Objective: Our purpose was to assess the cost-effectiveness of substituting low-osmolality contrast media for high-osmolality media in noncardiac parenteral use in radiology.
Materials and methods: Estimates of effectiveness, taken as the reduction in risks of reactions affecting safety and comfort, were based on a recent meta-analysis of data published since 1980. Costs were those of the contrast medium and of treating reactions.
Results: One hundred thousand uses of low-osmolality media instead of high-osmolality media would cost an additional $7.7 million. No deaths would be prevented, but there would be 80% fewer life-threatening events and 75% fewer minor reactions. Considering only life-threatening events, complete conversion to low-osmolality media costs $62,000 per event prevented. If only minor reactions are considered, this figure is $800 per event prevented. The cost-effectiveness of partial substitution of low-osmolality media in "high-risk" patients only cannot be estimated with confidence. With one set of assumptions, a 33% reduction in life-threatening reactions at a cost of $22,000 per event prevented is estimated. These estimates are insensitive to all inputs except the cost differential between high- and low-osmolality media: for every dollar decrease in cost differential per use, the cost per life-threatening event prevented drops by $790.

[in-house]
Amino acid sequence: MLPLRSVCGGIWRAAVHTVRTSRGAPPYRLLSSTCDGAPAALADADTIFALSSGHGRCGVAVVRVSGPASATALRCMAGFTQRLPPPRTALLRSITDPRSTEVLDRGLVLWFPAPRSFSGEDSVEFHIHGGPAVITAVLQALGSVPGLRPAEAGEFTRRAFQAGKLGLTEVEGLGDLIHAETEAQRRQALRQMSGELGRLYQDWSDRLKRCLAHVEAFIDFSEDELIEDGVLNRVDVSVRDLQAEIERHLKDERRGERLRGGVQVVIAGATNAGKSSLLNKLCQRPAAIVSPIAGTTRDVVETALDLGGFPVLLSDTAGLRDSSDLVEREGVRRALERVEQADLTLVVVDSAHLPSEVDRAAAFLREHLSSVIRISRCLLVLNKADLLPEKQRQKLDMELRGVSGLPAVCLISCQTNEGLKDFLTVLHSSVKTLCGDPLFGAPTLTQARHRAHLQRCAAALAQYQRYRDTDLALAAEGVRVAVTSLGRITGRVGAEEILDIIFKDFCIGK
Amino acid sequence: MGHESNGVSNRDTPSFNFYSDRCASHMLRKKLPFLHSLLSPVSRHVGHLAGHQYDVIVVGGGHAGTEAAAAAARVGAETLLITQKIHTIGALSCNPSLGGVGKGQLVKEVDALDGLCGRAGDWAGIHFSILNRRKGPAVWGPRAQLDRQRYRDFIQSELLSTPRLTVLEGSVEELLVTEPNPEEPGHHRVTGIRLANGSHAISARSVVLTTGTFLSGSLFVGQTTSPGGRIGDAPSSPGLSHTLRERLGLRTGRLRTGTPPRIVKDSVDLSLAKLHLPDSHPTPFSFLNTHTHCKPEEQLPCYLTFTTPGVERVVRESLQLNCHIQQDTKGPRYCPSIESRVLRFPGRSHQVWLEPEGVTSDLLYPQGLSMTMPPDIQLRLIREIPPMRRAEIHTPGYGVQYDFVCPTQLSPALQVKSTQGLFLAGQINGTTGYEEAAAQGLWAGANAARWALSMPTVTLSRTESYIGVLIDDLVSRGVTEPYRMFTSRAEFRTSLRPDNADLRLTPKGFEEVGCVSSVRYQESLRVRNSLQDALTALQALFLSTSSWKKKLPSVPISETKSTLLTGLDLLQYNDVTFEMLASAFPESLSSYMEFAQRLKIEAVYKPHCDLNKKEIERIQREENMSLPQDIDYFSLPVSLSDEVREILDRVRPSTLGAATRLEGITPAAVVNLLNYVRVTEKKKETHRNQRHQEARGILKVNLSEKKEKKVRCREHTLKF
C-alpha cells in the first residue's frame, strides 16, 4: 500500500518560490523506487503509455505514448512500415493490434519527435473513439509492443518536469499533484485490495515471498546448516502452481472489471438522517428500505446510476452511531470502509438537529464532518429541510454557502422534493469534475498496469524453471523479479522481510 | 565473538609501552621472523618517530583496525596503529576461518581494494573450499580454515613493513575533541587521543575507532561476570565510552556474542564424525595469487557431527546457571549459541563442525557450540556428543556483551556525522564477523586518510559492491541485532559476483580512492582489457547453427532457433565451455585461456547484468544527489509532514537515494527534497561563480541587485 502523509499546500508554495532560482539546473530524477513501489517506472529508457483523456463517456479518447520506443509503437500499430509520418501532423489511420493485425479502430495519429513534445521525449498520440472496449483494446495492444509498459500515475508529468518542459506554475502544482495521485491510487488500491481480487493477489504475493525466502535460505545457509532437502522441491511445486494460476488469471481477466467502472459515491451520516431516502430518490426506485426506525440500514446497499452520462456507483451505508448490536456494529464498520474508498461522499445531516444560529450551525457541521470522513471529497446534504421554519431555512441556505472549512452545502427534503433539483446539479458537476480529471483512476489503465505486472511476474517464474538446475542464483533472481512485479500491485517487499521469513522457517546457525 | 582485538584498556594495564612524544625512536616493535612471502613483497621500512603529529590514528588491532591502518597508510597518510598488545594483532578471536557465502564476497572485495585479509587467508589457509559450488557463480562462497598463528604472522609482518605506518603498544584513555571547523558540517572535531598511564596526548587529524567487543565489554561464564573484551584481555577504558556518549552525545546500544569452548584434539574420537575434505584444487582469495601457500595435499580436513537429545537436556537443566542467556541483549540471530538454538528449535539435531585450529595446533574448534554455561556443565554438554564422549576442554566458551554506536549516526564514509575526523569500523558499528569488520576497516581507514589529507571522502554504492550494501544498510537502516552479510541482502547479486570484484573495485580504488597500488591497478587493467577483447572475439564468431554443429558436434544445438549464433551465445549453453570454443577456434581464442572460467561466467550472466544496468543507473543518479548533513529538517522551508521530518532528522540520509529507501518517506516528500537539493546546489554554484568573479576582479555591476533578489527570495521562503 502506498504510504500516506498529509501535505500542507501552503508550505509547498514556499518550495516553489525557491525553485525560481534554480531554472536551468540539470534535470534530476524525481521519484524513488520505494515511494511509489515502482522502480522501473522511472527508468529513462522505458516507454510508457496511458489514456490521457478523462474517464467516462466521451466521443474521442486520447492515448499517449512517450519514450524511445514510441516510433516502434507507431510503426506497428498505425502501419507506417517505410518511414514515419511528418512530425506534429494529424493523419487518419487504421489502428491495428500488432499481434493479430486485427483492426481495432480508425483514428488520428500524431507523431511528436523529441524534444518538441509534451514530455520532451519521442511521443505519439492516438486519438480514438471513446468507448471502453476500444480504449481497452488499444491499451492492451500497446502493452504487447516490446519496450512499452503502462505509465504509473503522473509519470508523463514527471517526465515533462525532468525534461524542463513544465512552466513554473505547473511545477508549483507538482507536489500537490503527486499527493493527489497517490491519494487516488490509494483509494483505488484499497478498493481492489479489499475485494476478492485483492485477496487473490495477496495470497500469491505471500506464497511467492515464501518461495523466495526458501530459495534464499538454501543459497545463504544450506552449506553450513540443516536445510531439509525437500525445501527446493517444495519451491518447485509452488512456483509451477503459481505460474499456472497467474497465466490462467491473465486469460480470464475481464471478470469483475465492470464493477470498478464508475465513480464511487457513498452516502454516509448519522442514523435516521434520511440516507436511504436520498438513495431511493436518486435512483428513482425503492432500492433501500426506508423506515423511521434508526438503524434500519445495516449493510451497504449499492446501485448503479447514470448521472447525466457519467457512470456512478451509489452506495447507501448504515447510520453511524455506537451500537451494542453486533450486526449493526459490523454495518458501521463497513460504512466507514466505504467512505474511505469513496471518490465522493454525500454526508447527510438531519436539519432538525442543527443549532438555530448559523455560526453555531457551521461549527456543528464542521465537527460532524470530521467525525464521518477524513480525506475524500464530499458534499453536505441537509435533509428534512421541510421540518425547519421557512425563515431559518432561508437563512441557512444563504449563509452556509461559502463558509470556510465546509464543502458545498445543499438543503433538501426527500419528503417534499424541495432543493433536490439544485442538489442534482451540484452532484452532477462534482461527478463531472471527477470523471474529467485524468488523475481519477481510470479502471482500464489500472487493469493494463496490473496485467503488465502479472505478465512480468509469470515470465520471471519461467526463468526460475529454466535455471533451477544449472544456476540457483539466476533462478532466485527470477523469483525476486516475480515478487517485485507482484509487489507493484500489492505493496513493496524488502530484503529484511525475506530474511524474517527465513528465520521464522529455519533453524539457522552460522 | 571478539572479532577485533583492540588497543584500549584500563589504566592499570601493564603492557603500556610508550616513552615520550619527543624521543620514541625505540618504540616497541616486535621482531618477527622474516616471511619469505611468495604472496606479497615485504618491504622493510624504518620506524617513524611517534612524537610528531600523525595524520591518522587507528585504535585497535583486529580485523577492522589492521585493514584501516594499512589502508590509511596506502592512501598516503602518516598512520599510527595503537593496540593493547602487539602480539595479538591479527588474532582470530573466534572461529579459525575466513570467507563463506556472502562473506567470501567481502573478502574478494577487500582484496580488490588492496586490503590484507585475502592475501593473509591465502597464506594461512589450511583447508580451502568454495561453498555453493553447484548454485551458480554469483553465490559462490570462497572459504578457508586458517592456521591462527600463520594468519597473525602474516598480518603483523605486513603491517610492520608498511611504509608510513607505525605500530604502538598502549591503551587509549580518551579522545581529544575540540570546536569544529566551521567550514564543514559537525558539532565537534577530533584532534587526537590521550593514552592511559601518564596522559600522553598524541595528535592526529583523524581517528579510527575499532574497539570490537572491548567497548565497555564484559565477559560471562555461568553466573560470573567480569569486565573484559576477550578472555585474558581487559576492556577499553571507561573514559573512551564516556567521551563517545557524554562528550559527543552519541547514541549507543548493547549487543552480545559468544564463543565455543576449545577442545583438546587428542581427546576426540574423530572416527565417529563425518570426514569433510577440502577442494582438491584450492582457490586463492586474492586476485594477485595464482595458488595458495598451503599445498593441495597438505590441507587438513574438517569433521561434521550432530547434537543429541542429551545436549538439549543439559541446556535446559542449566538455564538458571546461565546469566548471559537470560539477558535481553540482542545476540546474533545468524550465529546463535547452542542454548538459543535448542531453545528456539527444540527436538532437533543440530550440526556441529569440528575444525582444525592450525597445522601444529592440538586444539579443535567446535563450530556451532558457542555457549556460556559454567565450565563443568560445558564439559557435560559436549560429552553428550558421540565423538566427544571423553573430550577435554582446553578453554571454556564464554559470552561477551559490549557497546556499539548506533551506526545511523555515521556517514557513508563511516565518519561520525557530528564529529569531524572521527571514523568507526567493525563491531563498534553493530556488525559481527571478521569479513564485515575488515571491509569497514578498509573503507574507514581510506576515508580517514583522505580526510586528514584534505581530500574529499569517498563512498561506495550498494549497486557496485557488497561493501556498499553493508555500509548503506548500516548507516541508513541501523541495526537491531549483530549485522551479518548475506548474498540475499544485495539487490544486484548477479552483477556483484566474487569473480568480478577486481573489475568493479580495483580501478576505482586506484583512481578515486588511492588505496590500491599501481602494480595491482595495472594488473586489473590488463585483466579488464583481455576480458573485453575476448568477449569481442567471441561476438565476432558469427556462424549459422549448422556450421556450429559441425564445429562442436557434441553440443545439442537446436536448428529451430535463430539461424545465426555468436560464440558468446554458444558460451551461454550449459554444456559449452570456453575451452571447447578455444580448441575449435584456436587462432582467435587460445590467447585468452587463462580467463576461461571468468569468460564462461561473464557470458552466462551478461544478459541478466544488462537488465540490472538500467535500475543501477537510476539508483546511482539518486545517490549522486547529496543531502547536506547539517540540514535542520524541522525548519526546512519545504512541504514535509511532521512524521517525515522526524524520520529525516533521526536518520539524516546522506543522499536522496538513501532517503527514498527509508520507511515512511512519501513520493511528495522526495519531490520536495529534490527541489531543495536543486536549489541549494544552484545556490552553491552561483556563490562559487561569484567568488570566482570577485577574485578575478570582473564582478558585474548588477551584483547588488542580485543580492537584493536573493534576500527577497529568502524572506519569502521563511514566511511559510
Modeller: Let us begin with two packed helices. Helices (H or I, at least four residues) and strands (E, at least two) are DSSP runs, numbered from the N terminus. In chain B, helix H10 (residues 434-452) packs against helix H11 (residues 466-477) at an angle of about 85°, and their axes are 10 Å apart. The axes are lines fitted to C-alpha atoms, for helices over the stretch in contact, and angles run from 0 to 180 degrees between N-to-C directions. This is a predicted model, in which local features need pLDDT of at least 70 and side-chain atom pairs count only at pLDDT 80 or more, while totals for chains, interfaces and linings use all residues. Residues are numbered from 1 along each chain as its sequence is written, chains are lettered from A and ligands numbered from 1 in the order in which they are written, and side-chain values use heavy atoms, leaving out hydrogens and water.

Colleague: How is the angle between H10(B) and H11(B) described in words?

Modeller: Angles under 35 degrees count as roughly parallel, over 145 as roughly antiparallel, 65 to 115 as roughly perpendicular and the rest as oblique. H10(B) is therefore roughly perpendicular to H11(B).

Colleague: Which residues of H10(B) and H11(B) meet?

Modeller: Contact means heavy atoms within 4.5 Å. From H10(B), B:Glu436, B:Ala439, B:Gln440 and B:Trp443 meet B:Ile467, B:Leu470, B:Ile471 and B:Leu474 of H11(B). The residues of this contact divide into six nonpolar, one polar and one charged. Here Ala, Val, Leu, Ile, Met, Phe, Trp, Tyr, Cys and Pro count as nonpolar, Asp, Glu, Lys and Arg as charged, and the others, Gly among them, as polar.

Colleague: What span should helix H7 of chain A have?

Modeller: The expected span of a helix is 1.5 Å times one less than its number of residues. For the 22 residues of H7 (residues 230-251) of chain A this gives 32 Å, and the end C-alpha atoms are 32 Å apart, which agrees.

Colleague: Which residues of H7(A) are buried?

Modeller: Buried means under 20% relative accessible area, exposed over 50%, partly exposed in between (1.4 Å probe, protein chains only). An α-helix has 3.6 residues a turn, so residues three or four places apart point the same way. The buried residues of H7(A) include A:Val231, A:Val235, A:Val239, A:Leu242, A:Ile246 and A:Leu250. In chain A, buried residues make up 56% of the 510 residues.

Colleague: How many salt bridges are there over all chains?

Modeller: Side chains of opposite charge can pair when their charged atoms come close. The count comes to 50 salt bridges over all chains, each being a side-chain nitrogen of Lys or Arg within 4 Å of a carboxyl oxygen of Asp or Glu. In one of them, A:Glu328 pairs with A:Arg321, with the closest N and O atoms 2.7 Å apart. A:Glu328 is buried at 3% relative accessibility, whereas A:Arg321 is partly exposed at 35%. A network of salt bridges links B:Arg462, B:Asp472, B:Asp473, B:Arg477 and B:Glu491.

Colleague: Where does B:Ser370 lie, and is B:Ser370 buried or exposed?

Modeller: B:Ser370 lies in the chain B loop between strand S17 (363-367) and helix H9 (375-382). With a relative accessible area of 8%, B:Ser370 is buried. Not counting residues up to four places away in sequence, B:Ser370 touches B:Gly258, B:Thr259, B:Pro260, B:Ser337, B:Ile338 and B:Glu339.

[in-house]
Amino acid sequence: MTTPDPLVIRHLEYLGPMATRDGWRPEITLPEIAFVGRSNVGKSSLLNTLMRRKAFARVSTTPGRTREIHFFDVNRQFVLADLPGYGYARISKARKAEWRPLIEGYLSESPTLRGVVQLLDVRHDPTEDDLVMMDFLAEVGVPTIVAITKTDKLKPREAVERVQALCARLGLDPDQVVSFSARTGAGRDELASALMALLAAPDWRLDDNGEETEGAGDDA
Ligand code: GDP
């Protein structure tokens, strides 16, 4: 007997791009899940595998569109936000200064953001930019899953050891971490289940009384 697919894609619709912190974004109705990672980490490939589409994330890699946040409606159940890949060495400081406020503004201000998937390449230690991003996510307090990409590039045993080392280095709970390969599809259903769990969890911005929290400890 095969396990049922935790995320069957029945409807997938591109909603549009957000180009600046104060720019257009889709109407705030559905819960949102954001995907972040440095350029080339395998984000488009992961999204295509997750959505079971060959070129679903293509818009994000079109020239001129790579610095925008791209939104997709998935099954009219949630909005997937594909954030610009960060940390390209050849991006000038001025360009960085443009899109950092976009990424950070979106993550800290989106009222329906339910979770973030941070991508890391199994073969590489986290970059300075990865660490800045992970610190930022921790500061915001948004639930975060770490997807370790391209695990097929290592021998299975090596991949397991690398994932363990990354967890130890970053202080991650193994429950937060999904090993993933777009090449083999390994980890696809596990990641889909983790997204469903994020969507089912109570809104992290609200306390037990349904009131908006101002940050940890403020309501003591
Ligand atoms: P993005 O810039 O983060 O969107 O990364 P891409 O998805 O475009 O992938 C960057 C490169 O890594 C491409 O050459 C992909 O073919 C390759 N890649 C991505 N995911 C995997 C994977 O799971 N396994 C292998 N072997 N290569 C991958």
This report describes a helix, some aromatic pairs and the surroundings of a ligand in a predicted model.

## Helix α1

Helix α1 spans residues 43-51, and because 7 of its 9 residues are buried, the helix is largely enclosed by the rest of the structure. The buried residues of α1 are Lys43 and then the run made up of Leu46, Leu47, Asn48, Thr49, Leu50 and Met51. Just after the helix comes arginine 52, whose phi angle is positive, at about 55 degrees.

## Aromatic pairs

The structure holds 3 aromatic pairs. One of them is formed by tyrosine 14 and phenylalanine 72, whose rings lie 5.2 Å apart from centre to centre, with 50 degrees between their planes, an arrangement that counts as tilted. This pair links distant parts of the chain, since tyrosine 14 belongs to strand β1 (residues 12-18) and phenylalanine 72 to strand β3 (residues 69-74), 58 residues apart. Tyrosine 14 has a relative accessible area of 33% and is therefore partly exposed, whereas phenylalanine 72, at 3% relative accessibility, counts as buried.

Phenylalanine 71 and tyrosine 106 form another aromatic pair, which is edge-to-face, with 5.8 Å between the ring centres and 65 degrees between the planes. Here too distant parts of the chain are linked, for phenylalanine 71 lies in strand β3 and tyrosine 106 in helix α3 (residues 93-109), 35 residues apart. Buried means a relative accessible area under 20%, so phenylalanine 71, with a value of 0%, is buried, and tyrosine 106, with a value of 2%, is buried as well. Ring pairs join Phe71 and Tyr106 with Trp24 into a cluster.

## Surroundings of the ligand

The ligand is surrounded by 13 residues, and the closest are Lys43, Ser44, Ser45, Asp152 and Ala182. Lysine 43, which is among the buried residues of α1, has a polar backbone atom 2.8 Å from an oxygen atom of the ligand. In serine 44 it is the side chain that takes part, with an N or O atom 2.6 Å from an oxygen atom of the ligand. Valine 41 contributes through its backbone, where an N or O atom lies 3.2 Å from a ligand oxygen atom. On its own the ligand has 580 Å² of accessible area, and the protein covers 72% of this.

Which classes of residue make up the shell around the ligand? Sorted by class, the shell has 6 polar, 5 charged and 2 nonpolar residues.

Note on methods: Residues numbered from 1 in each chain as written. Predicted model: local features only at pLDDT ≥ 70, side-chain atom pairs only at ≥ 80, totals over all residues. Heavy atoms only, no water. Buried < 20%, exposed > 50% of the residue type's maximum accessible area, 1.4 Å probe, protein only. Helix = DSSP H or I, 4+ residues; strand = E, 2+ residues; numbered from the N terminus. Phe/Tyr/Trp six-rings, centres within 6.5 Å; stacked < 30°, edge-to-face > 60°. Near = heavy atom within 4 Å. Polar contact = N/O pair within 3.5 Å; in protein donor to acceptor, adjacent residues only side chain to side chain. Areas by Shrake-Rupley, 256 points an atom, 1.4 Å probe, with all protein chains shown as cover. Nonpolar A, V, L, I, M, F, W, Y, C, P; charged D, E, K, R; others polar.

Conclusion: The allocation of limited resources requires the best available information on the relevant costs and benefits. A policy of substitution of low- for high-osmolality media will not influence mortality and will bring fairly small benefits at a considerable cost.